The showcase setting, then, is a nod to the culinary maestro’s adopted home: “I wanted people to have a glimpse of my life and what interests me and I’ve spent 30 years of my life in the antipodes.” That’s come through in the interiors, he says. A fluted roof over the main dining area resembles the inside of an oyster shell, and he likens it to the sails of the Sydney Opera House.
A statement says Alexander & Co, the principal architects and interior designers, found inspiration in Connolly’s seafood, in the irregular shape of the building and in the classic 20th-century design.
Indeed, despite some strongly contemporary elements, the entire experience is a bit like floating around a mid-century salon that has somehow ended up underwater.
Muted aqua, coral and grey tones dominate, punctuated occasionally by pops of bright yellow, burnished brass or deep black, or by specially commissioned hanging sculptures.
Kitchen counters along both sides mark out distinct dining experiences. On the left sits the Raw Bar, with a display of Gillardeau and Belon oysters, and Alaskan king crab.
Turn right instead for a quickie at the Fire Bar, where a wood-fired oven disgorges skinny pizzas in under two minutes.
Catering to those looking to settle in for a more elaborate affair is the Pearl Bar in the centre, and an al fresco area at the far end that will no doubt spark the latest selfie trend — its curved roof frames the Burj Khalifa beautifully, almost as if one were looking up from the centre of a giant mollusc.
The options keep things accessible, Connolly says, mindful of the fact that this is an opera-house restaurant he’s talking about.
“Walk into my restaurants on a Saturday night, there’ll be a six-year-old having dinner with his mum and dad at one table, or a 95-year-old lady enjoying her birthday with her only son at the other table. My restaurants are not about formal dining or being avant-garde, I don’t want to serve just the one per cent,” he says.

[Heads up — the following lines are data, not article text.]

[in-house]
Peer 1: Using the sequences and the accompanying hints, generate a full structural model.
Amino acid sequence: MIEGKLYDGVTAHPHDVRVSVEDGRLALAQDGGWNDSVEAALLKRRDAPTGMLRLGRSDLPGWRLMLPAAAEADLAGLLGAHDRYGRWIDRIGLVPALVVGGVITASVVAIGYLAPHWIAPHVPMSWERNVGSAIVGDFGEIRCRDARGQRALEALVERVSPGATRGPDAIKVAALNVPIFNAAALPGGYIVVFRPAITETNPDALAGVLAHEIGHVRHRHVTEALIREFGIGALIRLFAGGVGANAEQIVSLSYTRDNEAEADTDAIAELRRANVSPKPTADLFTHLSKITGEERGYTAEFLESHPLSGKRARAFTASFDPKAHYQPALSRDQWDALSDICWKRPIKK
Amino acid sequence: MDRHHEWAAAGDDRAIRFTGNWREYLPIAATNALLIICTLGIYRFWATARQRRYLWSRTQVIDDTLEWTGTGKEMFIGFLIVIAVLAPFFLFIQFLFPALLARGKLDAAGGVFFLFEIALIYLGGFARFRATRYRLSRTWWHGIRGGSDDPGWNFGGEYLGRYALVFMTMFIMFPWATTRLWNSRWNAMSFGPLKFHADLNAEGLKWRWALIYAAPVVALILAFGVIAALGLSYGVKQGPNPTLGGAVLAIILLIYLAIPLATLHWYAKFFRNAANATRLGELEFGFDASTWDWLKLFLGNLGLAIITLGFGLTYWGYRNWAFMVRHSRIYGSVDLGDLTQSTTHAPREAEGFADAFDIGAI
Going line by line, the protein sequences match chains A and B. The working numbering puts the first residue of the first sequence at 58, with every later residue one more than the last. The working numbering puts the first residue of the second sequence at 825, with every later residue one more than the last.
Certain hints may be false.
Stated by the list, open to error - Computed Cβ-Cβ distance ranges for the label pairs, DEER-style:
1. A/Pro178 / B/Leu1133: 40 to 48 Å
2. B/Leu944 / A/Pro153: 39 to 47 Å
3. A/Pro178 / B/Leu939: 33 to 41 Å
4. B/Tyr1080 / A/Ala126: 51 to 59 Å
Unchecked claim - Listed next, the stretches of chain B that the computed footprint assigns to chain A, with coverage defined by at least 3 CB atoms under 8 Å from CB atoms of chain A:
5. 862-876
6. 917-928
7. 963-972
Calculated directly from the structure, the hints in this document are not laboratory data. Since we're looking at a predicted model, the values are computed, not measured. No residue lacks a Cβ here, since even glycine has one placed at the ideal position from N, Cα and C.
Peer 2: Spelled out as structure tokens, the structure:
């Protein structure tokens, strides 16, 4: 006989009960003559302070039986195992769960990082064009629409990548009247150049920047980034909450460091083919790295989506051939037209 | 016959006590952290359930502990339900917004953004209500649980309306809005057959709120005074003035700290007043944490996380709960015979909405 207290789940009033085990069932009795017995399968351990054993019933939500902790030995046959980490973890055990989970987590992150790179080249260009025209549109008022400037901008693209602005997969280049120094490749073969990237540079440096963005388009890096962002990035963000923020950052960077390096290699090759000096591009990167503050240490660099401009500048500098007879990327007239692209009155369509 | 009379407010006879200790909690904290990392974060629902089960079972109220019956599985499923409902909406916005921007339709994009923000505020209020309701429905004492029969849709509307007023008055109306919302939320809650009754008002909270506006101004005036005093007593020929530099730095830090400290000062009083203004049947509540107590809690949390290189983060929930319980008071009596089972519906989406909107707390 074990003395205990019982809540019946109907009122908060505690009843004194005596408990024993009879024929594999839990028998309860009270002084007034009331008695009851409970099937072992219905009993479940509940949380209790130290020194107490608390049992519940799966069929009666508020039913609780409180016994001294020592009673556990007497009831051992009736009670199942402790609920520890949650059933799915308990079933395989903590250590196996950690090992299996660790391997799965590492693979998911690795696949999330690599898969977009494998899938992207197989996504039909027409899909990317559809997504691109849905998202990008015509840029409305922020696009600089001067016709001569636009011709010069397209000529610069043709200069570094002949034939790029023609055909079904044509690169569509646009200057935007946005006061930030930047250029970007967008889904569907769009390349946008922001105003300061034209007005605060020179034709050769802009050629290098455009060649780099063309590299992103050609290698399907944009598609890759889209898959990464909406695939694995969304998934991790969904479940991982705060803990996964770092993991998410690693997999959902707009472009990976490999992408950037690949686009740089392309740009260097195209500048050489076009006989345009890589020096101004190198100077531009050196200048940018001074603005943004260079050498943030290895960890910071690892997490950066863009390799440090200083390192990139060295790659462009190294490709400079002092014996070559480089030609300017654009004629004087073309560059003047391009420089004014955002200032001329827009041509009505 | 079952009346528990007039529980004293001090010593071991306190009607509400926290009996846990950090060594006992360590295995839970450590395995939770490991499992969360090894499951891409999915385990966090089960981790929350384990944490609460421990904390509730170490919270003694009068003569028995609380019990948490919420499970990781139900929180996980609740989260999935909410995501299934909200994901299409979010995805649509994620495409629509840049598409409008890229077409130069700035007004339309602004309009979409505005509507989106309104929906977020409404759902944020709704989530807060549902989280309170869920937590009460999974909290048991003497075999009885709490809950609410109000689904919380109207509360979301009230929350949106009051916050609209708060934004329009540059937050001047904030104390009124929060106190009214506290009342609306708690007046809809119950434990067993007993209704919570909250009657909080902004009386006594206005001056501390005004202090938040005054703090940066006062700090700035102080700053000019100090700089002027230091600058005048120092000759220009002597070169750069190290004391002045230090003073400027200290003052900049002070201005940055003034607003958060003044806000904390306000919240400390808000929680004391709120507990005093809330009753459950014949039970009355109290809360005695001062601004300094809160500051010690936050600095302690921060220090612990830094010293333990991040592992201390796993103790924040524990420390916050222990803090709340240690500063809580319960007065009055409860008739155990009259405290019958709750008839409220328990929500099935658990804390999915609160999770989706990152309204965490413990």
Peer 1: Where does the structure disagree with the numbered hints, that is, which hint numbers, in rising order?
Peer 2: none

“And I think Jasper does the same thing with the entertainment, with everything from musicals to opera to classical. I find that really exciting, it’s a bit like my food. I’m a knockabout sort of a bloke and my food is simple and straight back and approachable.”
SEAN CONOLLY DUBAI OPERA: THE FOOD
At different moments during the course of our conversation, Sean Connolly described himself as a self-confessed oyster freak and a meat man. The menu at his eponymous Dubai Opera restaurant, breaks neatly into surf and turf, with options for vegetarians and the gluten-intolerant. (And yes, there are burgers).
The menu is divided into small and large plates, grills and pizzas, but Connolly’s big play is seafood. There’s a wide selection of sashimi to caviar and naturally, oysters. (His patrons love them as much as he does — one of his Australian restaurants goes through 75,000 each month). Among the more unusual choices on the raw bar are sea urchin sashimi, and a remarkable scampi crudo, dressed in lime and coriander.
Besides the stellar lamb, there are some excellent steaks, both grass-fed and grain-fed, sourced from Australia and New Zealand. We loved the delicately hand-chopped, paprika-inflected steak tartare (it comes with lettuce boats for clean eating fiends), and a juicy, giant T-bone about the size of a continent.
The perfect side for nearly everything is a portion of his legendary duck fat chips (he caused a run on supplies when he promoted it on the telly in New Zealand). We won’t attempt to describe them, we’ll merely say he’s right when he says duck fat improves everything.
A salad of heirloom tomatoes paired with homemade labneh and a hint of liquorice riffed cleverly on the current trend for burrata, but vegetarians will want to order the unusual gnocchi, made from buffalo ricotta cheese.
And in keeping with his mantra for approachability, there are also burgers. And popcorn, which comes caramelised and wrapped around a vanilla semifreddo.
Just your average theatre meal, then.
What: Sean Connolly Dubai Opera
Timings: Noon to 2am
Where: Downtown Dubai
Valet Parking: Dubai Opera
Contact: firstname.lastname@example.org or call 04 362 7312.